Speaking on her recent discovery of depression-era blues icon Robert Johnson, lead singer Yukimi Nagano notes the value and influence of his music: ‘it moves steadily like a trance. It was so dark and mysterious […] when I heard it I thought, “Oh my god, this is really mind blowing.”’ Stepping away from the playful, up-tempo charisma of their earlier years, Little Dragon’s new release ‘Nabuma Rubberband’ delves into a similarly lightless and soulful, direction. As the album opens with breathy, distressed vocals, repeatedly punctured by embittered outbursts of drums, the Gothenburg foursome flirt with their more serious side. Little Dragon have evidently steered well clear of creating a chirpy synth-heavy pop album in a mindless attempt to break the mainstream. Instead, the vibe is sometimes slow and seductive, other times raw and vexed, but constantly awash with a spaced out, otherworldly soundscape. 

The consistency to this album is what sets it a head above its predecessors. Whilst ‘Ritual Union’ was an infectious, yet somewhat fragmented, collection, ‘Nabuma Rubberband’ is more fluid and coherent. Yet with an album so rich in this drifting and vacant vibe, it is easy to arrive at the glossy eighties synthpop-inspired ‘Paris’ thinking ‘where the fuck did the last 3 songs go?’. Cuts like ‘Underbart’, ‘Cat Rider’ and ‘Pink Cloud’ seem to blend into the dense and sultry synths, slipping from any memory of ever listening to them.

Perhaps it is the unswerving elegance of Nagano’s voice that is responsible for this. Caressing every note, she fluidly oscillates between romantic, tender highs and a withdrawn emptiness that is just so easy to become wrapped up in. Her vocals are undoubtedly what made Little Dragon initially so alluring, and ‘Nabuma Rubberband’ is no exception. Complementing the charm of her voice is the string section that is woven in to the title track. They bring warmth amongst the layers of industrial and rigid kicks and snares, mimicking the weightless flight of the ‘last bird’ before it ‘smashed into a skyscraper under the Hong Kong lights’.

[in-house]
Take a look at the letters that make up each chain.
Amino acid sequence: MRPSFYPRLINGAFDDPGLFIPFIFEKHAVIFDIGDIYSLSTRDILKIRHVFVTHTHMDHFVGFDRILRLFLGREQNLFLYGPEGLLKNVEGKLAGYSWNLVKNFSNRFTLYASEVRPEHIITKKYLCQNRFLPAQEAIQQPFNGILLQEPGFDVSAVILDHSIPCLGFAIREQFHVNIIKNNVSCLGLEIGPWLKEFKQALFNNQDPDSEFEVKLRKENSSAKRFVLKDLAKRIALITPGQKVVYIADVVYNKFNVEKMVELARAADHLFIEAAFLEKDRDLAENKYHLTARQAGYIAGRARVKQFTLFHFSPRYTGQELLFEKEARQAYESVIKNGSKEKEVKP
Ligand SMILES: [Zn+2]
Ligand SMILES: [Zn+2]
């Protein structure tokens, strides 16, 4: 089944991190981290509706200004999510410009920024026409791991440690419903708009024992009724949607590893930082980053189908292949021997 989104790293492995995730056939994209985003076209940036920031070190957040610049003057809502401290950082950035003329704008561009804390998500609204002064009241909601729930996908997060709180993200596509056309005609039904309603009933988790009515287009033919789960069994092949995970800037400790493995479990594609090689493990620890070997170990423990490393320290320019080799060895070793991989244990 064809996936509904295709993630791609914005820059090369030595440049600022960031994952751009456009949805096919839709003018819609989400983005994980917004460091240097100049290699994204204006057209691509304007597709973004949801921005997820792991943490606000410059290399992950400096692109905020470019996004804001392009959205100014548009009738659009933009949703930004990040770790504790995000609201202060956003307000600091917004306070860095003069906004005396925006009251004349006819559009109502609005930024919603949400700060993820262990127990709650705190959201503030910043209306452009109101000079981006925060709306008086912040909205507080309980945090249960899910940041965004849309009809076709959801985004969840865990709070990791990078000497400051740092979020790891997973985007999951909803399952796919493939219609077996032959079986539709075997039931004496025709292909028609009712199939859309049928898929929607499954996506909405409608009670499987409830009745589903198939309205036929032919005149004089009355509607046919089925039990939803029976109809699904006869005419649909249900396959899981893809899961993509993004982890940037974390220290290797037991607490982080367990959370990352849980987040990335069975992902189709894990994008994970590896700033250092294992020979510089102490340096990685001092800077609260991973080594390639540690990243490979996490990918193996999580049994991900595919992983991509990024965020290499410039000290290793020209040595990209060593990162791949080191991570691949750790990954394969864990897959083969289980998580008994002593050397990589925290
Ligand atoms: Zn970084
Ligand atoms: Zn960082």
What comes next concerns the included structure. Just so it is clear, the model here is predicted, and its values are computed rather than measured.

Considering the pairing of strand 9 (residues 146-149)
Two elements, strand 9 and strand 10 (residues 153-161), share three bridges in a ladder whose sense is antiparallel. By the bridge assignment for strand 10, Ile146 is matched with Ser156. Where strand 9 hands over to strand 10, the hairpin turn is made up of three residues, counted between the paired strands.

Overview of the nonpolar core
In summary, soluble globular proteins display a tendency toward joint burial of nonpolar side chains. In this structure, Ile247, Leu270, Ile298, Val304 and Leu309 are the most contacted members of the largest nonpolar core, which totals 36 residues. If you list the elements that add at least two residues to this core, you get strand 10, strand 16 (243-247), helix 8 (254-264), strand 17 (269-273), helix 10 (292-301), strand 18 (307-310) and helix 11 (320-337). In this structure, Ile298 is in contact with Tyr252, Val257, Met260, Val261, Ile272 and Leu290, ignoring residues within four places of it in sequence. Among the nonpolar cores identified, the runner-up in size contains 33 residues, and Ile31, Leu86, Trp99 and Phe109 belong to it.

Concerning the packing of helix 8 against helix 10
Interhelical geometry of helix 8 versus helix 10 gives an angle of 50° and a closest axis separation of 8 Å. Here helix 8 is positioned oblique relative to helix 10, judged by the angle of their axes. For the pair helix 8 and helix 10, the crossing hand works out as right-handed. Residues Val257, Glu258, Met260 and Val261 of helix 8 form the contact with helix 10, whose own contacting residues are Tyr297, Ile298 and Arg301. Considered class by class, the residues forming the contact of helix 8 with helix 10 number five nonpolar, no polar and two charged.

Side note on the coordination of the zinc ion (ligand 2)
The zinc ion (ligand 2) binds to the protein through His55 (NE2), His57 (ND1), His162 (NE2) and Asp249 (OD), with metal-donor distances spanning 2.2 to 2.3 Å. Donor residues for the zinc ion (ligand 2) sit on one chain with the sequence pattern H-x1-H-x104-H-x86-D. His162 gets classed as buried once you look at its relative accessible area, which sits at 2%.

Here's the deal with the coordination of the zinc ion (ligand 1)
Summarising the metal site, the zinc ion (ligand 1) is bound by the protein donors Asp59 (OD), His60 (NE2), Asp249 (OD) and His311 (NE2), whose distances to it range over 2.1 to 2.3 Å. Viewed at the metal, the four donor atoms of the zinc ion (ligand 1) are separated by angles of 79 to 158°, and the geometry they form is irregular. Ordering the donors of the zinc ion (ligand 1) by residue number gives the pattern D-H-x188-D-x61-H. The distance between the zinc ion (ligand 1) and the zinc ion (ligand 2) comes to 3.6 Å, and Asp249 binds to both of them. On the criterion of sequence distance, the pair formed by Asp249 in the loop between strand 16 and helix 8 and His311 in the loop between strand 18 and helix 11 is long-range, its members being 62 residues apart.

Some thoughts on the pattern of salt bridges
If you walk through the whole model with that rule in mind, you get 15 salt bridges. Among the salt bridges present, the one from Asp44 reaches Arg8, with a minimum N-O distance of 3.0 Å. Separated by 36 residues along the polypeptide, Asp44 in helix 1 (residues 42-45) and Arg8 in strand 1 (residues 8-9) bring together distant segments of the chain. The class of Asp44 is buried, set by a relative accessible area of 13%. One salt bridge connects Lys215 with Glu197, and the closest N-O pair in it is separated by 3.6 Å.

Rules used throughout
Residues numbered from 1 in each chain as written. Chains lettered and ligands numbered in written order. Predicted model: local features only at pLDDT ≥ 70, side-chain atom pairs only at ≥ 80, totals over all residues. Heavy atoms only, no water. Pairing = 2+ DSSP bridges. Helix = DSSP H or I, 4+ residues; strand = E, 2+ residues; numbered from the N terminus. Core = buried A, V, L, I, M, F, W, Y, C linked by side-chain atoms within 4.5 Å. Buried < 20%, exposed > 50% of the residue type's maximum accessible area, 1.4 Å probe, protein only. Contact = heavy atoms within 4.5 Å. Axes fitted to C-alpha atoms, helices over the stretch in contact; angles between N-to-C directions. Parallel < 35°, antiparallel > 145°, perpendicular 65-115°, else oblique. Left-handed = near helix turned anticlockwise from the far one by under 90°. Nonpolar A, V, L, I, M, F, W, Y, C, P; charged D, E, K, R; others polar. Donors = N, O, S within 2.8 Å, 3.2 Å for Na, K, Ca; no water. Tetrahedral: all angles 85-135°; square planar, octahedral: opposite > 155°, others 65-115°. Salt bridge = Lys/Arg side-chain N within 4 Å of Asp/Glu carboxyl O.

Ultimately, what the album lacks is banger. The downtempo and dystopian beats become almost frustrating by the last few songs, leaving you with a craving for a taste of the funky, twitchy electronica that defined the band five years ago. ‘Klapp Klapp’ comes close, but the uncomfortably rigid drums makes it fall short. Similarly, ‘Only One’ gradually builds from an ethereal and heartfelt slow jam into a grittier, heavier, 3-in-the-morning-warehouse-project type loop, but lacks the chaos to make it truly thrilling. 

As ‘Let Go’ echoes out into the distance, the wintry emptiness that was so prevalent throughout lingers on. Polished and produced almost to perfection it may be, there is a distinct lack of human warmth and an over-emphasis on despondency: ‘Nabuma Rubberband’ leaves you feeling quite cold. Little Dragon have developed a seriously sophisticated sound, no doubt, but in the process have lost some of their vibrancy and playfulness. Hopefully, in their next releases, they’ll flash a few more smiles. 

Words: Josie 'JR' Roberts

AuthorDuncan Harrison